A MAN paralysed from the shoulders down has been able to walk using a pioneering fourlimbed robotic system, or exoskeleton, that is commanded and controlled by signals from his brain.
With a ceiling-mounted harness for balance, the 28-year-old tetraplegic patient used a system of sensors implanted near his brain to send messages to move all four of his paralysed limbs after a two-year-long trial of the whole-body exoskeleton.
The results, published in The Lancet Neurology journal, bring doctors a step closer to one day being able to help paralysed patients drive computers using brain signals alone, according to researchers who led the work.
But for now the exoskeleton is purely an experimental prototype and is “far from clinical application”, they added.
This is the first semi-invasive wireless braincomputer system designed to activate all four limbs. Previous brain-computer technologies have used invasive sensors implanted in the brain, which are more dangerous and often stop working.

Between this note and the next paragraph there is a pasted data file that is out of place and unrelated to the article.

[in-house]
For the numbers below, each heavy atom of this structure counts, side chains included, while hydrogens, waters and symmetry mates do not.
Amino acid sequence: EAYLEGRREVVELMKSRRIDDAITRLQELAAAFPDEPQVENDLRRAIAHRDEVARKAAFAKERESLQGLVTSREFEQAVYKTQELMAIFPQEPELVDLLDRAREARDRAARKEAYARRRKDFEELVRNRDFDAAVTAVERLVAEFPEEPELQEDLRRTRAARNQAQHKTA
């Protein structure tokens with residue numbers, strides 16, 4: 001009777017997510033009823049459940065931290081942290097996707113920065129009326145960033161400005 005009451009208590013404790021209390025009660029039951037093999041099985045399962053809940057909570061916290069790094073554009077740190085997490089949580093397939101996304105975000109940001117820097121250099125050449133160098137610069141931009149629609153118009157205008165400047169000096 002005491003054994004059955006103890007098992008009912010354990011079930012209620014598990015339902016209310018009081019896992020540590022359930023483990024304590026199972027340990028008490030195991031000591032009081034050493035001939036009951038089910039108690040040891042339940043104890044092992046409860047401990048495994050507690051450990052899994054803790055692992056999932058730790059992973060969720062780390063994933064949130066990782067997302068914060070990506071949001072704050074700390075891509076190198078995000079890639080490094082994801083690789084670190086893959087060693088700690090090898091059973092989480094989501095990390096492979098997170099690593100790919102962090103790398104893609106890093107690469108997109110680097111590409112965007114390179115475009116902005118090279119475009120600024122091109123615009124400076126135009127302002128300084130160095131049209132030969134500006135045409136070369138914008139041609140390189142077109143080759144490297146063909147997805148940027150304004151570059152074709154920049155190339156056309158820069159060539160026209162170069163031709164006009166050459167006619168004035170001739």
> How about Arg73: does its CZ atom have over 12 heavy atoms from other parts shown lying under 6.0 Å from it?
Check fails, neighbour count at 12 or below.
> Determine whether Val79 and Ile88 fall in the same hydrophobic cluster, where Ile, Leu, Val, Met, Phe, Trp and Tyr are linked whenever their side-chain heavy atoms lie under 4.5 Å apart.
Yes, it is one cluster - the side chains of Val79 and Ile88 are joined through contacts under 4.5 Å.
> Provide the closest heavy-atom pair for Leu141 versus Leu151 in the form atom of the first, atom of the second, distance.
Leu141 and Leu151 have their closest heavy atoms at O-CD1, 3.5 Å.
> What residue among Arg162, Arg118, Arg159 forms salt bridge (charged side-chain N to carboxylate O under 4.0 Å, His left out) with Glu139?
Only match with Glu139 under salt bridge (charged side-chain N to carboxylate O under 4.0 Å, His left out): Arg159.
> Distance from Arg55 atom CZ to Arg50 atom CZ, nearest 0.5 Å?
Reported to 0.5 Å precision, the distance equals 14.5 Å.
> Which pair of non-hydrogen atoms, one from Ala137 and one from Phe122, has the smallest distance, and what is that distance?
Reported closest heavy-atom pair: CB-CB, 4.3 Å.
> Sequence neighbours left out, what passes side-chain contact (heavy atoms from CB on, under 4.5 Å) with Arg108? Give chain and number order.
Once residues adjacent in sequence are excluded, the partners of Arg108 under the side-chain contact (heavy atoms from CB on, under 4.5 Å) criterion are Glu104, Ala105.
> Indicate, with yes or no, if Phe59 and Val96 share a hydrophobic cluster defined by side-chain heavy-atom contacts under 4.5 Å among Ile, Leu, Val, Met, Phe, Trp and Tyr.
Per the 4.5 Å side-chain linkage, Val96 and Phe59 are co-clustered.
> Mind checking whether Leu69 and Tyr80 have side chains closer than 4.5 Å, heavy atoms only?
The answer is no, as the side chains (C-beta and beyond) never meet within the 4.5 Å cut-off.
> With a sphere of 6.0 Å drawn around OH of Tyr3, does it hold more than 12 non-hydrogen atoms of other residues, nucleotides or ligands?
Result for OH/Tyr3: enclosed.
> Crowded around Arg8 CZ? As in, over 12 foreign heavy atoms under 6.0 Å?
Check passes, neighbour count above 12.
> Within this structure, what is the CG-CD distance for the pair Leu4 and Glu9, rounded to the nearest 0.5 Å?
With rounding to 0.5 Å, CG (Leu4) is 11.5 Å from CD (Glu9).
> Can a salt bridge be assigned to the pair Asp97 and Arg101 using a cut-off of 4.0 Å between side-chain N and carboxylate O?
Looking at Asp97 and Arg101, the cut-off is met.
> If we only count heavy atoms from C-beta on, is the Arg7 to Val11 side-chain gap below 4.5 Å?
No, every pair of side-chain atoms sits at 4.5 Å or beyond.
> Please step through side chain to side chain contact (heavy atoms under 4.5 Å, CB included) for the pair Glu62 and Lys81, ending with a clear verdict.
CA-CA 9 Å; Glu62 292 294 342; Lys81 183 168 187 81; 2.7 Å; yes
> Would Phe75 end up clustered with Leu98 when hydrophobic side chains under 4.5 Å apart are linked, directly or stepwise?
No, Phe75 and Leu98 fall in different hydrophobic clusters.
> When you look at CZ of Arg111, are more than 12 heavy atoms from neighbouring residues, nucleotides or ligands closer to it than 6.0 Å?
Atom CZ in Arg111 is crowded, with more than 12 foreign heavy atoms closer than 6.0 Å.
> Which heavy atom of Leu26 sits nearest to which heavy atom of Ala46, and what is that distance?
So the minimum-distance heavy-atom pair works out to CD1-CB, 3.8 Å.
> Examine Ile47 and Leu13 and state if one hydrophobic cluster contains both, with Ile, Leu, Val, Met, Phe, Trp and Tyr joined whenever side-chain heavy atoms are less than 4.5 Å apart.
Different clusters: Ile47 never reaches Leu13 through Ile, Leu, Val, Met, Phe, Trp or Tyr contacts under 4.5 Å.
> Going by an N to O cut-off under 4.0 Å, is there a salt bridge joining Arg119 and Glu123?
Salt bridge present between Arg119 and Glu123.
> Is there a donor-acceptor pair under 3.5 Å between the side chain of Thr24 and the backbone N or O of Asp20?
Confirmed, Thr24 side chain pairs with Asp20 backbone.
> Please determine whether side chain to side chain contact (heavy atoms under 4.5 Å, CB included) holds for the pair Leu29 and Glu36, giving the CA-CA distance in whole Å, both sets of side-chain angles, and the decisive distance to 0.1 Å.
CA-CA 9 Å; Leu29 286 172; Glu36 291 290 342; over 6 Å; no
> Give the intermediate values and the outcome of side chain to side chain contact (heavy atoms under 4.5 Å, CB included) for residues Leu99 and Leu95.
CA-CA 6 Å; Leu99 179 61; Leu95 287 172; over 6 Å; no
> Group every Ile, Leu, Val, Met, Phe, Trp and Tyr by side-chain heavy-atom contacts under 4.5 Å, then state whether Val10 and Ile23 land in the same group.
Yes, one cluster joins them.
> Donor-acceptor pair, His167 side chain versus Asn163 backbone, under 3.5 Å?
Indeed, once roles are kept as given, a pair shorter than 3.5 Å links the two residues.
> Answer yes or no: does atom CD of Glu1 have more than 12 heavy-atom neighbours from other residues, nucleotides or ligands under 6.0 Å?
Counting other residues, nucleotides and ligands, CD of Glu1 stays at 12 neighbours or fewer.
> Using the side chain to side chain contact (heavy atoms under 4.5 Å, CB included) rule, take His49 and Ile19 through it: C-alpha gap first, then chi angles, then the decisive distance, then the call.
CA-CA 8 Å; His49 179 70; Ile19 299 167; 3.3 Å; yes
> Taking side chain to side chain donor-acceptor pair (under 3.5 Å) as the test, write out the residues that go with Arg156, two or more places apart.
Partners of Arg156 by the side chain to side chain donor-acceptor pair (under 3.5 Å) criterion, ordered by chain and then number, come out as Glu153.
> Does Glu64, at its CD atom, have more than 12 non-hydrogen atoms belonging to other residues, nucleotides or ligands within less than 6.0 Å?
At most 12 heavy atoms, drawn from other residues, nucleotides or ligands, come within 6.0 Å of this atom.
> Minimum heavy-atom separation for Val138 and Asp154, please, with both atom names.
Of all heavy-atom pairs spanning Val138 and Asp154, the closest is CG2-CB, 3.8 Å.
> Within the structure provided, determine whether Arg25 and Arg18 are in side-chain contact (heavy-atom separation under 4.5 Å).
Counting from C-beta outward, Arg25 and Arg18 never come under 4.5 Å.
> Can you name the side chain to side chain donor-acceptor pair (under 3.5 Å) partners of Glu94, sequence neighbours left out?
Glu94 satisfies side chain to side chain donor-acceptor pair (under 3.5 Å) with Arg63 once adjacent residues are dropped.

In this trial, two recording devices were implanted, one on either side of the patient’s head between the brain and the skin.
Each recorder contained 64 electrodes, which collected brain signals and transmitted them to a decoding algorithm.
Over 24 months, the patient carried out various mental tasks to train the algorithm to understand his thoughts and to progressively increase the number of movements he could make.
(This article is published on Junior Standard on 14 October 2019)
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